Persistent homology in two-dimensional atomic networks

David Ormrod Morley, Philip Salmon, Mark Wilson

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The topology of two-dimensional network materials is investigated by persistent homology analysis. The constraint of two dimensions allows for a direct comparison of key persistent homology metrics (persistence diagrams, cycles, and Betti numbers) with more traditional metrics such as the ring-size distributions. Two different types of networks are employed in which the topology is manipulated systematically. In the first, comparatively rigid networks are generated for a triangle-raft model, which are representative of materials such as silica bilayers. In the second, more flexible networks are generated using a bond-switching algorithm, which are representative of materials such as graphene. Bands are identified in the persistence diagrams by reference to the length scales associated with distorted polygons. The triangle-raft models with the largest ordering allow specific bands Bn (n = 1, 2, 3, …) to be allocated to configurations of atoms separated by n bonds. The persistence diagrams for the more disordered network models also display bands albeit less pronounced. The persistent homology method thereby provides information on n-body correlations that is not accessible from structure factors or radial distribution functions. An analysis of the persistent cycles gives the primitive ring statistics, provided the level of disorder is not too large. The method also gives information on the regularity of rings that is unavailable from a ring-statistics analysis. The utility of the persistent homology method is demonstrated by its application to experimentally-obtained configurations of silica bilayers and graphene.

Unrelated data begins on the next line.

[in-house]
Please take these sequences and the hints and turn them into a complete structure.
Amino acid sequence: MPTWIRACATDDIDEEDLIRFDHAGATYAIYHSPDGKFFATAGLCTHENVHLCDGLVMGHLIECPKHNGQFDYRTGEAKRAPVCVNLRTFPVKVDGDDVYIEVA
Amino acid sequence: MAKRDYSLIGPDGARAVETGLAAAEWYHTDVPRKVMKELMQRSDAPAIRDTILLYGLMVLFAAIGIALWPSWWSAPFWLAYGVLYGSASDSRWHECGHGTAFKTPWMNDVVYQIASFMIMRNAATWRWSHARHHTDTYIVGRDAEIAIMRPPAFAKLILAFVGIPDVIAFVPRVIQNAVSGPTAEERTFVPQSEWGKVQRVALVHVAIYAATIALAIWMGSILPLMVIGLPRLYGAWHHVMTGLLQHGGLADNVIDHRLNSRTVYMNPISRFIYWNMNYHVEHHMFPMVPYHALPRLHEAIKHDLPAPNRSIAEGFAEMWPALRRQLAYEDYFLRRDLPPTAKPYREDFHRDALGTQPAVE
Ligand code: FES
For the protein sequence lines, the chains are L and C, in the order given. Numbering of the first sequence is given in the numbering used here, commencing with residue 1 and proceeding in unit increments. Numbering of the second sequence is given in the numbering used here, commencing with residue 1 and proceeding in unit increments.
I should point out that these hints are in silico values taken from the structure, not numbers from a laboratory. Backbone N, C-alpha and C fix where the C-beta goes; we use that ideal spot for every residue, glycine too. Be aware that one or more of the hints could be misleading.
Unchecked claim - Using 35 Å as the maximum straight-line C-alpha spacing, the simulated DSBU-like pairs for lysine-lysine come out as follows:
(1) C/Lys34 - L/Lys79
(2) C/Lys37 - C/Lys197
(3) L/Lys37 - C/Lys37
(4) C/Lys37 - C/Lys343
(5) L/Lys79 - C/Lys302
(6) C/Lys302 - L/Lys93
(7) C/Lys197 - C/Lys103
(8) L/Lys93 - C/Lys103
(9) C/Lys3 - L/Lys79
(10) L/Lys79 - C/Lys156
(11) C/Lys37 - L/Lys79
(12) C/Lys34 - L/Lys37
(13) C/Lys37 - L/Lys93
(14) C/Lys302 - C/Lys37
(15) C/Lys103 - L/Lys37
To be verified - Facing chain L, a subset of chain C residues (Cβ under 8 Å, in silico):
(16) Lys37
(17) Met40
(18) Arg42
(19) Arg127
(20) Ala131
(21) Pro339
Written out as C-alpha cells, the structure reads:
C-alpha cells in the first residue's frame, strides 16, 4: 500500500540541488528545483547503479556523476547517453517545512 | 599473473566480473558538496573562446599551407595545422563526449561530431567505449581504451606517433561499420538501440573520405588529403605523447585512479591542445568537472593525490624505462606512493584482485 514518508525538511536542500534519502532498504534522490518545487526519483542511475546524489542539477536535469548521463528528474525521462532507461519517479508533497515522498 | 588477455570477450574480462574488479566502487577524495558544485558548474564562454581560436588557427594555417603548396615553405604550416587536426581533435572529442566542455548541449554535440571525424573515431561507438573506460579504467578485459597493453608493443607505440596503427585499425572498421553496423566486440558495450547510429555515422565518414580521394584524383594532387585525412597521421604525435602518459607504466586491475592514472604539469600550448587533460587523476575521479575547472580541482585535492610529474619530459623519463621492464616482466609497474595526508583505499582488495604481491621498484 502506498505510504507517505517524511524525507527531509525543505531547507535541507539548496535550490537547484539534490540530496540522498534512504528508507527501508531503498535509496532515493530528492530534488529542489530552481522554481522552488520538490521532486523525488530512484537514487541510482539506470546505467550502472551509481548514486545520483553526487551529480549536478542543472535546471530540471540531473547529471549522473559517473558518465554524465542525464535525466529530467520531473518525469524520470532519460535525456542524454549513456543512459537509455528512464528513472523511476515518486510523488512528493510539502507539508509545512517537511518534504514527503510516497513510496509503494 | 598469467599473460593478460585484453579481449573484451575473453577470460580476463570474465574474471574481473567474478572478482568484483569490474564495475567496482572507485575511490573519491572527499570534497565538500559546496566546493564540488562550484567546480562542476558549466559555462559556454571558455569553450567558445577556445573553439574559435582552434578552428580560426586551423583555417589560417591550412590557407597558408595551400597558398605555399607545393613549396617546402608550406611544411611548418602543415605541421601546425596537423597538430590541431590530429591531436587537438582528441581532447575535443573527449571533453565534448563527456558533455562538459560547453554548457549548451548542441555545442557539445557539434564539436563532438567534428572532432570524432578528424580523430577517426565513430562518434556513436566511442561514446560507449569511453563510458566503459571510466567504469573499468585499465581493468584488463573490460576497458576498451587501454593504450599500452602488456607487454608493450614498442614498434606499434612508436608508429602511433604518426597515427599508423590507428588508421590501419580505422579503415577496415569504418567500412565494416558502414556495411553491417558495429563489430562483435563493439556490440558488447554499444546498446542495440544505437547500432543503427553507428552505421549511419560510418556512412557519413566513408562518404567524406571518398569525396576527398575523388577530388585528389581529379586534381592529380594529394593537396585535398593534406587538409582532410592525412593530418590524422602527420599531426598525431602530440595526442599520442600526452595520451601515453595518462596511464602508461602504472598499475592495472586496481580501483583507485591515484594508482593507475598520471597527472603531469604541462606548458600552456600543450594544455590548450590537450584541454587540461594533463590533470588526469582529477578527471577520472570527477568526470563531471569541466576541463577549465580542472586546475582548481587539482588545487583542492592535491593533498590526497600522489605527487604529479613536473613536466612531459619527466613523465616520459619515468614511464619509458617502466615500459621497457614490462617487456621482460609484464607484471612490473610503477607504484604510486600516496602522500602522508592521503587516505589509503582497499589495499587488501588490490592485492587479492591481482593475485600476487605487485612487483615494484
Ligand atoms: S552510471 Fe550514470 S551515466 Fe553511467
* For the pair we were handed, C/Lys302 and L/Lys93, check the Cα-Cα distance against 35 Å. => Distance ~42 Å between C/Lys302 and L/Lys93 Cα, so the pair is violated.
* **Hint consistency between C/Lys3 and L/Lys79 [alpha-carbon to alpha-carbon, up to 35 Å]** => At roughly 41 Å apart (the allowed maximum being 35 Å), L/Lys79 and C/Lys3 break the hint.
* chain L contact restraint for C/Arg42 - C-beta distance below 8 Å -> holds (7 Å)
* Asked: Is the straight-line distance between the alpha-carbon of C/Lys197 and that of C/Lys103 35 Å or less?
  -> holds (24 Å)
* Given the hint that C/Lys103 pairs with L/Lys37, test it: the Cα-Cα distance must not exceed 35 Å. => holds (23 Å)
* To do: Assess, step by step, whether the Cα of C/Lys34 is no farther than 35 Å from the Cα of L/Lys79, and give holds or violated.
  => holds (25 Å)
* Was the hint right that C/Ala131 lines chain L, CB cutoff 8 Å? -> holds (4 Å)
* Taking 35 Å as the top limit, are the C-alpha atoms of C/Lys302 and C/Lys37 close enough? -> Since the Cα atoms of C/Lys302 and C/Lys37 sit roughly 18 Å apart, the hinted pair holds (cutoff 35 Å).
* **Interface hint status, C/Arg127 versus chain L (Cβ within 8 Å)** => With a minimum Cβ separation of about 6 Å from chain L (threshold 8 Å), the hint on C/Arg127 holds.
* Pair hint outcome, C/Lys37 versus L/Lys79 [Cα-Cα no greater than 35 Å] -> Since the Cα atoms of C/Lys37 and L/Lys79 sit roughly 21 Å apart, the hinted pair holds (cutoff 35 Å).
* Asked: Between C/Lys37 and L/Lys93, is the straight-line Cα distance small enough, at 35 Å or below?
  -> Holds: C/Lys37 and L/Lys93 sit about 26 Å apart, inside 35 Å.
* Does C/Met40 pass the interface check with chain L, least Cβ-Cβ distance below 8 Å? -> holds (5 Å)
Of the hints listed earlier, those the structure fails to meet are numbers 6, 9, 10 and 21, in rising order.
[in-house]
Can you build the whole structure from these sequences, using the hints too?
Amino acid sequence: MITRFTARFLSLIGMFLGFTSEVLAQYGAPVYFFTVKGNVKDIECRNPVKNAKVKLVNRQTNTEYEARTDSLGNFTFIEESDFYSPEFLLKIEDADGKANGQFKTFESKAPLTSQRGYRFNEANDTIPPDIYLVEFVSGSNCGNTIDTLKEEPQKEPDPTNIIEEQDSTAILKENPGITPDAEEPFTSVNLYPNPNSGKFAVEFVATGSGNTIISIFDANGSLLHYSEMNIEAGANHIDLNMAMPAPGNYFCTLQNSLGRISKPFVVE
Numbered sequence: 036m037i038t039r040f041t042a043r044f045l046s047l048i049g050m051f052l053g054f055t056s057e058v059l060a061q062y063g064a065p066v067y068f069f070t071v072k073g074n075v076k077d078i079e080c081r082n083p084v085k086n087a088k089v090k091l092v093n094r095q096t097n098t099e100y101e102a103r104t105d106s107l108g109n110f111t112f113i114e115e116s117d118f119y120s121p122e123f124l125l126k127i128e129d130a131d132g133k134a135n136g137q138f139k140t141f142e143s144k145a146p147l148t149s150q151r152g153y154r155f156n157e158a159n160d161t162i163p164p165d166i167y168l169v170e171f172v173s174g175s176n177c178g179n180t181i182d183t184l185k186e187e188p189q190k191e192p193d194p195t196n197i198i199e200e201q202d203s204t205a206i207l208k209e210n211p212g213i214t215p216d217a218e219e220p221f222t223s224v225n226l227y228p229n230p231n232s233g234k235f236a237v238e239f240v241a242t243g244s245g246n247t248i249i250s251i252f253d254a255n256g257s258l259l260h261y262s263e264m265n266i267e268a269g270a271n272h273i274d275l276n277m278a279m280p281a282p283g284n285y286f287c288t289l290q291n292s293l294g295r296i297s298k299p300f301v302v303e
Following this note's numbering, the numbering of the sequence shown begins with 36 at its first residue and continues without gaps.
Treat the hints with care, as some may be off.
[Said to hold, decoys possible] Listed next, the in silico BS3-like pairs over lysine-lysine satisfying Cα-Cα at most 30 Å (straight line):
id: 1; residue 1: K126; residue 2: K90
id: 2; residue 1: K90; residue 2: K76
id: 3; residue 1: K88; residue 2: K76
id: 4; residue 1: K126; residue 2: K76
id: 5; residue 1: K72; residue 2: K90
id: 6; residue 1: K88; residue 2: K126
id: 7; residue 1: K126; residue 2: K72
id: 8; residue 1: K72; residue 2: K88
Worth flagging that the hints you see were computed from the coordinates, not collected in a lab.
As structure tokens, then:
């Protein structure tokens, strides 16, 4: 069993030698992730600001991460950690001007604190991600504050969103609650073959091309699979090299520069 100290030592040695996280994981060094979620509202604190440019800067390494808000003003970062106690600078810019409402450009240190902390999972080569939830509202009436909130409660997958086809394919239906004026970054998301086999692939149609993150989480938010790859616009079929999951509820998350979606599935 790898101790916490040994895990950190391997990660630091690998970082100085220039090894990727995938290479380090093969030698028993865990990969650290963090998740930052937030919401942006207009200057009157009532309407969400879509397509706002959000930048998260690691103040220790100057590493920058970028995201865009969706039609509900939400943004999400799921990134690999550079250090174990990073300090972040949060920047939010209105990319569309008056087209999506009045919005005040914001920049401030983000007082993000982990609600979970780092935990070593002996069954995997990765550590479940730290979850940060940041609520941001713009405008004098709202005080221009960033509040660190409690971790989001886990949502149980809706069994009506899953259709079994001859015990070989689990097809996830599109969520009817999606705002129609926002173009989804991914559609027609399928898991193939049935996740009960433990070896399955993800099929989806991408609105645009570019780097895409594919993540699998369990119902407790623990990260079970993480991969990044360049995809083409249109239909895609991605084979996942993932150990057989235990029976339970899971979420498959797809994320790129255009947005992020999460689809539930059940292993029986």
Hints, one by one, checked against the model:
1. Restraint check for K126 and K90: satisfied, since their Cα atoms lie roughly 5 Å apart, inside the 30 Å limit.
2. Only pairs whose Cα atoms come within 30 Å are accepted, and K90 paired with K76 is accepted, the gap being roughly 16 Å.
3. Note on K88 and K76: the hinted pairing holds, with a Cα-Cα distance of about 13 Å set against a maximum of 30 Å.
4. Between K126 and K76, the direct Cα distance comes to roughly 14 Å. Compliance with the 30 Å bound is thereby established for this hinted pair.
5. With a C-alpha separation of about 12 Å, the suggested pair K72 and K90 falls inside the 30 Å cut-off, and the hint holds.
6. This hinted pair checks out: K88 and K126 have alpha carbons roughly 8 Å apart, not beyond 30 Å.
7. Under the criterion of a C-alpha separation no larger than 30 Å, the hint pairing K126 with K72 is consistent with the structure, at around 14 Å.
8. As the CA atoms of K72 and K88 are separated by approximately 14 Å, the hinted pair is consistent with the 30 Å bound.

Original languageEnglish
Article number124109
Number of pages19
JournalJournal of Chemical Physics
Issue number12
Early online date23 Mar 2021
Publication statusPublished - 28 Mar 2021

Bibliographical note

Funding Information:
D.O.M. and M.W. acknowledge support from the EPSRC Centre for Doctoral Training in Theory and Modeling in Chemical Sciences (TMCS) under Grant No. EP/L015722/1. P.S.S. was supported by the Institute for Mathematical Innovation at the University of Bath (Grant No. IMI/201920/011) and acknowledges helpful discussions with Dr. James Hook. This paper conforms to the RCUK data management requirements.


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